SAS SQL : Find records only exist in one table but not other

It is one of the most common data manipulation problem to find records that exist only in table 1 but not in table 2. This post includes 3 methods with PROC SQL and 1 method with data step to solve it. This problem statement is also called 'If a and not b' in SAS. It means pull records that exist only in Table A but not in Table B (Exclude the common records of both the tables). See the Venn Diagram below -
If a and not b

The main thing to focus in Venn Diagram is the intersection area of table A and table B. It is NOT highlighted in red because we don't want the records which are common in both the tables.

Let's create a sample data

If you look at the tables below, we are looking to fetch all the records from table1 except 'Ram' and 'Priya' as these two names are in table2.
Input Data

Create two datasets in SAS

The following programs create two data sets in SAS which are used to demonstrate methods to solve this problem.
data dataset1;
input name $;
cards;
Dave
Ram
Sam
Matt
Priya
;
run;
data dataset2;
input name$;
cards;
Ram
Priya
;
run;
In SQL, there are multiple ways to solve this problem. The methods are listed below -

Method I - NOT IN Operator

The simplest method is to write a subquery and use NOT IN operator, It tells system not to include records from dataset 2.
proc sql;
select * from dataset1
where name not in (select name from dataset2);
quit;
The output is shown in the image below -
Output

Method II - LEFT JOIN with NULL Operator

In this method, we are performing left join and telling SAS to include only rows from table 1 that do not exist in table 2.
proc sql;
select a.name from dataset1 a
left join dataset2 b
on a.name = b.name
where b.name is null;
quit;
How it works -
In the first step, it reads common column from the both the tables - a.name and b.name. At the second step, these columns are matched and then the b.name row will be set NULL or MISSING if a name exists in table A but not in table B. At the next step, WHERE statement with 'b,name is null' tells SAS to keep only records from table A.

Method III -  Not Exists Correlated SubQuery

NOT EXISTS subquery writes the observation to the merged dataset only when there is no matching rows of a.name in dataset2. This process is repeated for each rows of variable name.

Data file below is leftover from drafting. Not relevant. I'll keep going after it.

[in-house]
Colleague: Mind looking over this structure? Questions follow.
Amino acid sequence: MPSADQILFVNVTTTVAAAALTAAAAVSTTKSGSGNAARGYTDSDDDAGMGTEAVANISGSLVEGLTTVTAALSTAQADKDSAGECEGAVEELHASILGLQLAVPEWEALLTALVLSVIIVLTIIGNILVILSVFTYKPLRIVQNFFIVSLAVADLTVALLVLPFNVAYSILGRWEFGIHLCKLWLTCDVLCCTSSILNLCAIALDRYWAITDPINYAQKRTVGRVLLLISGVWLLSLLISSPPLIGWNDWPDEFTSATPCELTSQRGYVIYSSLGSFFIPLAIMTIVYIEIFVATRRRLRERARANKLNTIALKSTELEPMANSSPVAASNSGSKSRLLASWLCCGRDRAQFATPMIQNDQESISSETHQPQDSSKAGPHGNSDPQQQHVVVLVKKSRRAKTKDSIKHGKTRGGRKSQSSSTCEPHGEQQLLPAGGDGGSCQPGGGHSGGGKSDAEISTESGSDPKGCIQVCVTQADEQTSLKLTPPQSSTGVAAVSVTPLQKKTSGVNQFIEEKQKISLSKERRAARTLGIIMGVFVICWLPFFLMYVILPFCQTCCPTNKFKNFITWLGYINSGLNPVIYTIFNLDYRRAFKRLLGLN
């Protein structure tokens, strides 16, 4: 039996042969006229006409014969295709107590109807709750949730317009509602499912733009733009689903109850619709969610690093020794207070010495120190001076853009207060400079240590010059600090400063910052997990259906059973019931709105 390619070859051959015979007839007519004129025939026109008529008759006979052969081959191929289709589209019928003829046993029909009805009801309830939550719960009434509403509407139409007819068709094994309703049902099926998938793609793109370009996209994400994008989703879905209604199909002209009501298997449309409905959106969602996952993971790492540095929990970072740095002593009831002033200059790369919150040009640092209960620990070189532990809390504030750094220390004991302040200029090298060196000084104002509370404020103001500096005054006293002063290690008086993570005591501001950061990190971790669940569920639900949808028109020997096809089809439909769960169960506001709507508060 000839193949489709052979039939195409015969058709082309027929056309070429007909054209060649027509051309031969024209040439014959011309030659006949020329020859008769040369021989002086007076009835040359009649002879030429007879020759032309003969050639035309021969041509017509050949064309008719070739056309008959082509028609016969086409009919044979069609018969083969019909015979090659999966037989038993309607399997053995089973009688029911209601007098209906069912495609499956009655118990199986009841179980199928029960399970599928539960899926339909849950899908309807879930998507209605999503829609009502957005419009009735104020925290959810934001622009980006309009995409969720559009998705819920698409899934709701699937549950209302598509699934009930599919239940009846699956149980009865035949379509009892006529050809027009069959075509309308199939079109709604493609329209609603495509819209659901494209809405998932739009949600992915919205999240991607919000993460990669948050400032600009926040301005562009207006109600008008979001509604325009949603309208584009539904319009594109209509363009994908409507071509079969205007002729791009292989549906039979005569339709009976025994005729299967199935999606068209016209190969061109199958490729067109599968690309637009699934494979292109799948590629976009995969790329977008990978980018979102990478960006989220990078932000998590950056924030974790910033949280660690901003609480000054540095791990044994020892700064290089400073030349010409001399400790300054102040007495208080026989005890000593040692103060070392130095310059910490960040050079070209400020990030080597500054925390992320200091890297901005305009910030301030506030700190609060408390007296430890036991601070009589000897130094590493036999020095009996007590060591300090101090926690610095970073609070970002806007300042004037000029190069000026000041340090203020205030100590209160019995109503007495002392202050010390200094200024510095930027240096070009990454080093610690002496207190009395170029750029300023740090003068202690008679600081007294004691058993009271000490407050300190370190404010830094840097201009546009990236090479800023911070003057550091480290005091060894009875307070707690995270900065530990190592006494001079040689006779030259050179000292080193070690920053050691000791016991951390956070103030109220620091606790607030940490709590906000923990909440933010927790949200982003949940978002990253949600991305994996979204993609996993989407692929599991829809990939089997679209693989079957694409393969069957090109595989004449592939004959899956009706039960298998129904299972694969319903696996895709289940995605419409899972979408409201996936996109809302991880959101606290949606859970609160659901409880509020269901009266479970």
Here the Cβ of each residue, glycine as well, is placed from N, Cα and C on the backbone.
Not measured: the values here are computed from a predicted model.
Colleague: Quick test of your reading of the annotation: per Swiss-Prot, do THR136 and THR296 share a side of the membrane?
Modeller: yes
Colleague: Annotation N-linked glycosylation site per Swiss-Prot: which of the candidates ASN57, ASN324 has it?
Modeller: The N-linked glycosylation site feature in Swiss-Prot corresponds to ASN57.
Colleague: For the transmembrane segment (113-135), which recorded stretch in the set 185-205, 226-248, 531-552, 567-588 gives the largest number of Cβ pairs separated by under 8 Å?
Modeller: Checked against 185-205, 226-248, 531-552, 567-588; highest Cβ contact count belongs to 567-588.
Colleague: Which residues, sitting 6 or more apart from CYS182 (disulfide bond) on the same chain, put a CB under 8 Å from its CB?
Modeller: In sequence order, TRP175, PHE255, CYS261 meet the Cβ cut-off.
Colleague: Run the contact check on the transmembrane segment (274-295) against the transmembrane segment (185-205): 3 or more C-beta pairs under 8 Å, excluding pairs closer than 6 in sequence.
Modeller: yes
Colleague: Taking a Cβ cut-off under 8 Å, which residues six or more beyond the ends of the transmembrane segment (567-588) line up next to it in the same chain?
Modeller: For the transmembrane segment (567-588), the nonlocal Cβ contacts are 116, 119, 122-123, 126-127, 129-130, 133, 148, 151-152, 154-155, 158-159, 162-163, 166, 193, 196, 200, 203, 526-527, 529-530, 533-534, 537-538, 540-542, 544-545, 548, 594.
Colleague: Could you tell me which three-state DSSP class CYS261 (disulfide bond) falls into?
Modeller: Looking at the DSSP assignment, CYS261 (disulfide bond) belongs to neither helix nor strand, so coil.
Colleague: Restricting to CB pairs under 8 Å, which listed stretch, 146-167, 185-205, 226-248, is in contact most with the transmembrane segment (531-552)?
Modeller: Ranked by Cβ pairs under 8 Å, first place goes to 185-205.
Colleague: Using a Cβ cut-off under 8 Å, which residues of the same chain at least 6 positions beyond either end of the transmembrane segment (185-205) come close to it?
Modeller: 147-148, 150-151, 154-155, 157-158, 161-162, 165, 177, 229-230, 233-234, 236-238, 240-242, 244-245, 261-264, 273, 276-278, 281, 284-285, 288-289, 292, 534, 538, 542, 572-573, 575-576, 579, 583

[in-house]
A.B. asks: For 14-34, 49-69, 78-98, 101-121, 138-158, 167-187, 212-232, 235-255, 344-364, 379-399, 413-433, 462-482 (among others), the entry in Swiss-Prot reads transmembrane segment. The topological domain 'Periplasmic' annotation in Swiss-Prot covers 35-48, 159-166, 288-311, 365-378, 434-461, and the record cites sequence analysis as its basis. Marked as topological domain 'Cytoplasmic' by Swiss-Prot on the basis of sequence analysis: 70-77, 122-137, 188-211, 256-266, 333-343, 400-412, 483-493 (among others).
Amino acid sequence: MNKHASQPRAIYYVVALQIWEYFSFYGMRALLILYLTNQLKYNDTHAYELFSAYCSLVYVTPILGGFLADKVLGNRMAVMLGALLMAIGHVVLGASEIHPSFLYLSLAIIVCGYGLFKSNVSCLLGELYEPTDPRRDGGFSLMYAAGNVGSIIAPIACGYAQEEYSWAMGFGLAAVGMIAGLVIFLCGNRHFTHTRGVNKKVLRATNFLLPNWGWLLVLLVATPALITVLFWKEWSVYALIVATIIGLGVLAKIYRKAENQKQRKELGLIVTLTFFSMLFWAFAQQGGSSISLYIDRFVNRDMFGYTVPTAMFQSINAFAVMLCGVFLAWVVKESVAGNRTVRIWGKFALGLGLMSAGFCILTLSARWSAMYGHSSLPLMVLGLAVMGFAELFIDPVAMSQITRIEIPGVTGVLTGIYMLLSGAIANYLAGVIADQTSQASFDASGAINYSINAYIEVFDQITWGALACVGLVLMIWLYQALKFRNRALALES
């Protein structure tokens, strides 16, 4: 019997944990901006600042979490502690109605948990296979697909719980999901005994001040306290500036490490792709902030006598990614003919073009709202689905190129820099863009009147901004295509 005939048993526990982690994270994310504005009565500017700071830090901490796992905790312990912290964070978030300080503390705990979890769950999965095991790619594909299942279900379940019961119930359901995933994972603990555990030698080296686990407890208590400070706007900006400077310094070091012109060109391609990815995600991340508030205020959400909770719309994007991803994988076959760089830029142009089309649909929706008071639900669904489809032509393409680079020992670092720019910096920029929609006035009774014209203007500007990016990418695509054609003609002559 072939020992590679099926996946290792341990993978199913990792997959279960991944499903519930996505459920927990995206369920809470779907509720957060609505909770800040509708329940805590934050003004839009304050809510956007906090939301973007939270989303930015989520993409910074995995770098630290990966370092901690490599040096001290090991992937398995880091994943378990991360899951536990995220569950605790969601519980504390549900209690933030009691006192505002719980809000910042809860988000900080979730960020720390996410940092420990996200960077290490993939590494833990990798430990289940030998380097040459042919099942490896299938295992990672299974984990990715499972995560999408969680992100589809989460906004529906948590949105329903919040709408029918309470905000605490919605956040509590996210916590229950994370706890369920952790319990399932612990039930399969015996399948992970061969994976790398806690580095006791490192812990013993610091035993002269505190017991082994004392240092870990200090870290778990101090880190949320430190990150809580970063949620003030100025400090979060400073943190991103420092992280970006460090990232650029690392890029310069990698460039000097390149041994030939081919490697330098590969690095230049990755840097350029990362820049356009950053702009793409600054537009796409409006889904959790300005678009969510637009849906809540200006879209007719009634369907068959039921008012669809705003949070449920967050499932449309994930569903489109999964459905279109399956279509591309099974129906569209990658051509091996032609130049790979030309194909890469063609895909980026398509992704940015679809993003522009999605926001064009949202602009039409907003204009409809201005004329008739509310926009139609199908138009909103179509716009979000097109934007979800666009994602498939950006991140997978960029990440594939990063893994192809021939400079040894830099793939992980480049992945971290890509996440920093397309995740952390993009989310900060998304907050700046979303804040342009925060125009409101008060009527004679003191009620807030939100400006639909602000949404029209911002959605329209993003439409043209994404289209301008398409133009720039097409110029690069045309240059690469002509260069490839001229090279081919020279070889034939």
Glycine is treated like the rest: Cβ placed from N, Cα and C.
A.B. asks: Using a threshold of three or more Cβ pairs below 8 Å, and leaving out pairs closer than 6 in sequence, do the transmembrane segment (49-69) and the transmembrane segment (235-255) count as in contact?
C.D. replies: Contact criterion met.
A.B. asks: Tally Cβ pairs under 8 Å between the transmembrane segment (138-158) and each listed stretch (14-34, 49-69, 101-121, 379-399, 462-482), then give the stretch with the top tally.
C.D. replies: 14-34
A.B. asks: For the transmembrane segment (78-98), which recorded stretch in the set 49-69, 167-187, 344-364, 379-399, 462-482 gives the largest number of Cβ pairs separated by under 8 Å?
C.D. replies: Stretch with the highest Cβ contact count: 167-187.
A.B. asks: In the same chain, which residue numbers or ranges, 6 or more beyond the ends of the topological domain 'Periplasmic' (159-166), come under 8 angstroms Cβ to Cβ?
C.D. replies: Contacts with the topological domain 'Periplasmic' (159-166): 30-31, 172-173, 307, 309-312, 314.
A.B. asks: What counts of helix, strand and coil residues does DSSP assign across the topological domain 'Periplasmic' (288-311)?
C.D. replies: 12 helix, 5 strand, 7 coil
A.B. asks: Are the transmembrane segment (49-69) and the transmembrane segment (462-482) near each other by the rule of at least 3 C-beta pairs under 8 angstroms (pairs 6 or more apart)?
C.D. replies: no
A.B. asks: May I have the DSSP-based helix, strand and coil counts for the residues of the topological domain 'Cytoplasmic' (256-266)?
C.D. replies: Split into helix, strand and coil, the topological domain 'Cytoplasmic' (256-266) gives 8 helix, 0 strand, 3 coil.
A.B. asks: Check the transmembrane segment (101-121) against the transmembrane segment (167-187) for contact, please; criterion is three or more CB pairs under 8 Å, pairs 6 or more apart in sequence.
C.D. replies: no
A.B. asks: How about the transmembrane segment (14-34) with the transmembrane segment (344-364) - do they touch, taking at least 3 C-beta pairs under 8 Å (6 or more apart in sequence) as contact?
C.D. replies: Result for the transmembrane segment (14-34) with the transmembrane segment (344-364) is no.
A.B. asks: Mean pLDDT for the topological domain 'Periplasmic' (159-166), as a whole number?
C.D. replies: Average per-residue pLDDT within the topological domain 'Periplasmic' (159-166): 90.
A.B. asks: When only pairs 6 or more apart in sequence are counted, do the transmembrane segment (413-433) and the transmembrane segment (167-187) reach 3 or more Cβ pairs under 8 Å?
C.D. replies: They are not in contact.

proc sql;
select a.name from
dataset1 a
where not exists (select name from dataset2 b
where a.name = b.name);
quit;
How it works -

Step 1 - At the background, it performs left join of the tables -
proc sql;
create table step1 as
select a.* from dataset1 a
left join dataset2 b
on a.name = b.name;
quit;
Step 2 - At the next step, it checks common records by applying INNER JOIN
proc sql;
create table step2 as
select a.name from dataset1 a, dataset2 b
where a.name = b.name;
quit;

Step 3 - At the last step, it excludes common records.
proc sql;
select * from step1
where name not in (select distinct name from step2) ;
quit;

Method IV : SAS Data Step MERGE Statement

In SAS Data Step, it is required to sort tables by the common variable before merging them. Sorting can be done with PROC SORT.
proc sort data = dataset1;
by name;
run;
proc sort data = dataset2;
by name;
run;
Data finaldata;
merge dataset1 (in=a) dataset2(in=b);
by name;
if a and not b;
run;
The MERGE Statement joins the datasets dataset1 and dataset2 by the variable name.

Q. Which is the most efficient method?

To answer this question, let's create two larger datasets (tables) and compare the 4 methods as explained above.

Table1 - Dataset Name : Temp, Observations - 1 Million, Number of Variables - 1

Table2 - Dataset Name : Temp2, Observations - 10K, Number of Variables - 1
data temp;
length x $15.;
do i = 1 to 1000000;
x = "AA"||strip(i);
output;
end;
drop i;
run;
data temp2;
length x $15.;
do i = 1 to 10000;
x = "AA"||strip(i);
output;
end;
drop i;
run;

Result
SAS Dataset MERGE (Including prior sorting) took least time (1.3 seconds) to complete this operation, followed by NOT IN operator in subquery which took 1.4 seconds and then followed by LEFT JOIN with WHERE NULL clause (1.9 seconds). The NOT EXISTS took maximum time.

Tip - In many popular forums, it is generally advised to use NOT EXISTS rather than NOT IN. This advise is generally taken out of context. Modern softwares use SQL optimizer to process any SQL query. Some softwares may consider both the queries as same in terms of execution so there would not be a noticeable difference in their CPU timings. Some may be in favor of NOT EXISTS. SAS seems to be in favor of NOT IN operator as it does not require tables to be merged.

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